2 seasons

Watch it for...

A disturbing and dramatic ‘80s flashback featuring shiny fashion and big hair, a nod to Richard Simmons, and an honest look at the forces that feed an eating disorder.


Sheila Rubin (Rose Byrne) is a frustrated housewife with an eating disorder who relies on ballet to dull the edges of her SoCal, very 80s, Feminine Mystique-driven life. When ballet class is canceled, she finds salvation in the newborn aerobics craze, but success is not easy. As her eating disorder rituals eat away funds meant to keep her husband’s run for local office afloat, and begin to have more severe impacts on her health, she makes some questionable choices to protect her secret. In Physical, you’ll find plenty of ‘80s Easter eggs, a la Stranger Things, but the “upside-down” here is Sheila’s psyche. Imagine Family Ties rebooted as a cerebral dramedy, or a Mad Men-style look at a historical moment bookended by the defeat of the ERA and the premiere of the Enjoli perfume commercial. It’s a raw look at the frustration and changing social conventions of an era where women were expected to do it all without missing a step.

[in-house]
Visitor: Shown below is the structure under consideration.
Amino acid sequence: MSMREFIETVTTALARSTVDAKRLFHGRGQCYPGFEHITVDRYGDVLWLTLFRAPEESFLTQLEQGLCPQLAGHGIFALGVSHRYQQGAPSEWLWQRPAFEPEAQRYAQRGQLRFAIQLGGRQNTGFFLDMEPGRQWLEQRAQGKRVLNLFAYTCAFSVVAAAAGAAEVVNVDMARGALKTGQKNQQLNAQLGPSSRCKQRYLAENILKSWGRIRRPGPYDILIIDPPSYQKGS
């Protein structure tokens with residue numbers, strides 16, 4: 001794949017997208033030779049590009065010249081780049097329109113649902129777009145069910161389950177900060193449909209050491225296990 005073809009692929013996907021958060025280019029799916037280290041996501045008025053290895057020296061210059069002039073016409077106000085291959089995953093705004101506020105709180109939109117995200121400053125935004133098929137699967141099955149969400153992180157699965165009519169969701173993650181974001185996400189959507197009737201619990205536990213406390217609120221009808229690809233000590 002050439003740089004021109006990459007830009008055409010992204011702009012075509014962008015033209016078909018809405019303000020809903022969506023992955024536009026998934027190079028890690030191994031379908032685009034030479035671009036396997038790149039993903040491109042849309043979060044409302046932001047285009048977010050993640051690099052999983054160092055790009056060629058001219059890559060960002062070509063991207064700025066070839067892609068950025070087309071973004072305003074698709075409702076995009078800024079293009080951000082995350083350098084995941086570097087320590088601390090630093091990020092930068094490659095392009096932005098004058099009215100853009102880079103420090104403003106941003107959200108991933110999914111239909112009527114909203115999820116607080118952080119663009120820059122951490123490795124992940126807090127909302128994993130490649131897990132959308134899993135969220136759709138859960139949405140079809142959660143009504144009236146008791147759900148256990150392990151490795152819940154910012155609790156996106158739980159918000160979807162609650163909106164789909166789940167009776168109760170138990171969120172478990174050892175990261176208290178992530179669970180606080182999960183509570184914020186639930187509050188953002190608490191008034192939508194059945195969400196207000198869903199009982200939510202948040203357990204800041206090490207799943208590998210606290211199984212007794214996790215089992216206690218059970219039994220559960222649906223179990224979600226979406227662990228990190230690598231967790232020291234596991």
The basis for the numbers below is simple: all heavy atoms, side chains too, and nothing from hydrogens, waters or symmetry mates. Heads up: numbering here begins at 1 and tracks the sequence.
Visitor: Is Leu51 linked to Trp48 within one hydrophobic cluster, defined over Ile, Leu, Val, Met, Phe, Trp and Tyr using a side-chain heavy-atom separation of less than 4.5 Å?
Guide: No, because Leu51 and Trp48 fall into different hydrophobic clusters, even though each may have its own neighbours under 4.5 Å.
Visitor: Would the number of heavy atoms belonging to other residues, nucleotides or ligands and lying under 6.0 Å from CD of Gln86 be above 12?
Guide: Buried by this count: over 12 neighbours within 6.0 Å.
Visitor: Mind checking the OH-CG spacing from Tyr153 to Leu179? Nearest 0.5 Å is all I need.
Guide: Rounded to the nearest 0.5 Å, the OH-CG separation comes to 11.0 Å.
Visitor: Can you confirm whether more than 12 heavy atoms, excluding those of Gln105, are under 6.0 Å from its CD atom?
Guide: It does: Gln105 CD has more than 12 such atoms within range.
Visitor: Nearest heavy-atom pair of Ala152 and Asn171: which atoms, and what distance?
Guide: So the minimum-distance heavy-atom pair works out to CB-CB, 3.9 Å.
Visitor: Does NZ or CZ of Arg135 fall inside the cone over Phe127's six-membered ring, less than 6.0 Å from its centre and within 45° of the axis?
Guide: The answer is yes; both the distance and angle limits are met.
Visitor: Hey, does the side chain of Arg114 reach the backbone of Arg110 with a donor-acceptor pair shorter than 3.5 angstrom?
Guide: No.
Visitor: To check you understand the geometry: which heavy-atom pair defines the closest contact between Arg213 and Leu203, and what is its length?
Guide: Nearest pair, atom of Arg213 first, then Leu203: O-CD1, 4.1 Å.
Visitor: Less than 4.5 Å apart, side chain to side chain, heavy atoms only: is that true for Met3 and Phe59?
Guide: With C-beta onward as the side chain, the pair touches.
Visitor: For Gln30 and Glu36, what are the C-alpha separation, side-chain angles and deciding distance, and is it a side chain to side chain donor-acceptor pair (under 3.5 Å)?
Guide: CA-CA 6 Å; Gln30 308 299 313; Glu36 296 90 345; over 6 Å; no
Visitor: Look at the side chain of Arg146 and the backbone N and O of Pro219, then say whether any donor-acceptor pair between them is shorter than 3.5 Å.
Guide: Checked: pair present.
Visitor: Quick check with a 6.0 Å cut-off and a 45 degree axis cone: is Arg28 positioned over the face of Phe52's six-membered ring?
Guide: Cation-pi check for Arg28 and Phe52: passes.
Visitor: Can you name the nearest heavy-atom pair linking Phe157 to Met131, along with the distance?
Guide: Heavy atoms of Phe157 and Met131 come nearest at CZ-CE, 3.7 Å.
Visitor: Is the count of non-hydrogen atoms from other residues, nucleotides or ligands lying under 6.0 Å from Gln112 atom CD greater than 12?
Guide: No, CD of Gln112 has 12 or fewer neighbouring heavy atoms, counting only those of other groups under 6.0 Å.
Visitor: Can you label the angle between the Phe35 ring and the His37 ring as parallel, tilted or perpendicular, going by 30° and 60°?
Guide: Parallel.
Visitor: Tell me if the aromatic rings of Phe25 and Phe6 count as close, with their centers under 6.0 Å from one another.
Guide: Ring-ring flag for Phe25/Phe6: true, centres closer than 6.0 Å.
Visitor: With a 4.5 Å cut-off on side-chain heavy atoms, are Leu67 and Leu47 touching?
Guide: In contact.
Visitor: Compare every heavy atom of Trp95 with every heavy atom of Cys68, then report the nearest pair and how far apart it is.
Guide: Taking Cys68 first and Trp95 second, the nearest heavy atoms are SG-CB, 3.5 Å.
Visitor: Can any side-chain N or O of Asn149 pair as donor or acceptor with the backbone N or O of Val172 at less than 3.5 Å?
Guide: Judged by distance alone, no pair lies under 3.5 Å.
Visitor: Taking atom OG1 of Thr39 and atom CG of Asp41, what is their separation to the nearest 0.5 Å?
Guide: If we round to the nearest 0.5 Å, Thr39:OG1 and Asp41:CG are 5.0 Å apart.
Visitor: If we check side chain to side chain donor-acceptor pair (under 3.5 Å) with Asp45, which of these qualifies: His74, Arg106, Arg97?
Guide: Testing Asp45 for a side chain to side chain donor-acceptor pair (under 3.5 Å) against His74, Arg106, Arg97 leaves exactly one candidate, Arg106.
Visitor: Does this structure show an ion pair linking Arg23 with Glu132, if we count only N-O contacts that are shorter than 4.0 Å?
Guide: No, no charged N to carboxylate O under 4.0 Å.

One note: eating disorders are a big part of this story, so take care while watching.

Robyn's thoughts

For me, Physical struck a familiar and achy sort of chord. In a way, Sheila is a mash-up of my mother and me. Like Sheila, my mother is a liberal Baby-boomer who faced many of the same gender-based struggles the show explores. And also like Sheila, I was an aerobics-obsessed teen with an eating disorder. I can’t think of another TV series that captures my own Reagan-era experience with as much nuance, accuracy, and care as Physical does. It’s uncomfortable but in an engaging, immersive, and at times funny, can’t-look-away sort of way. It can be a tough watch but I highly recommend this show, especially if you or someone you love lived through the era!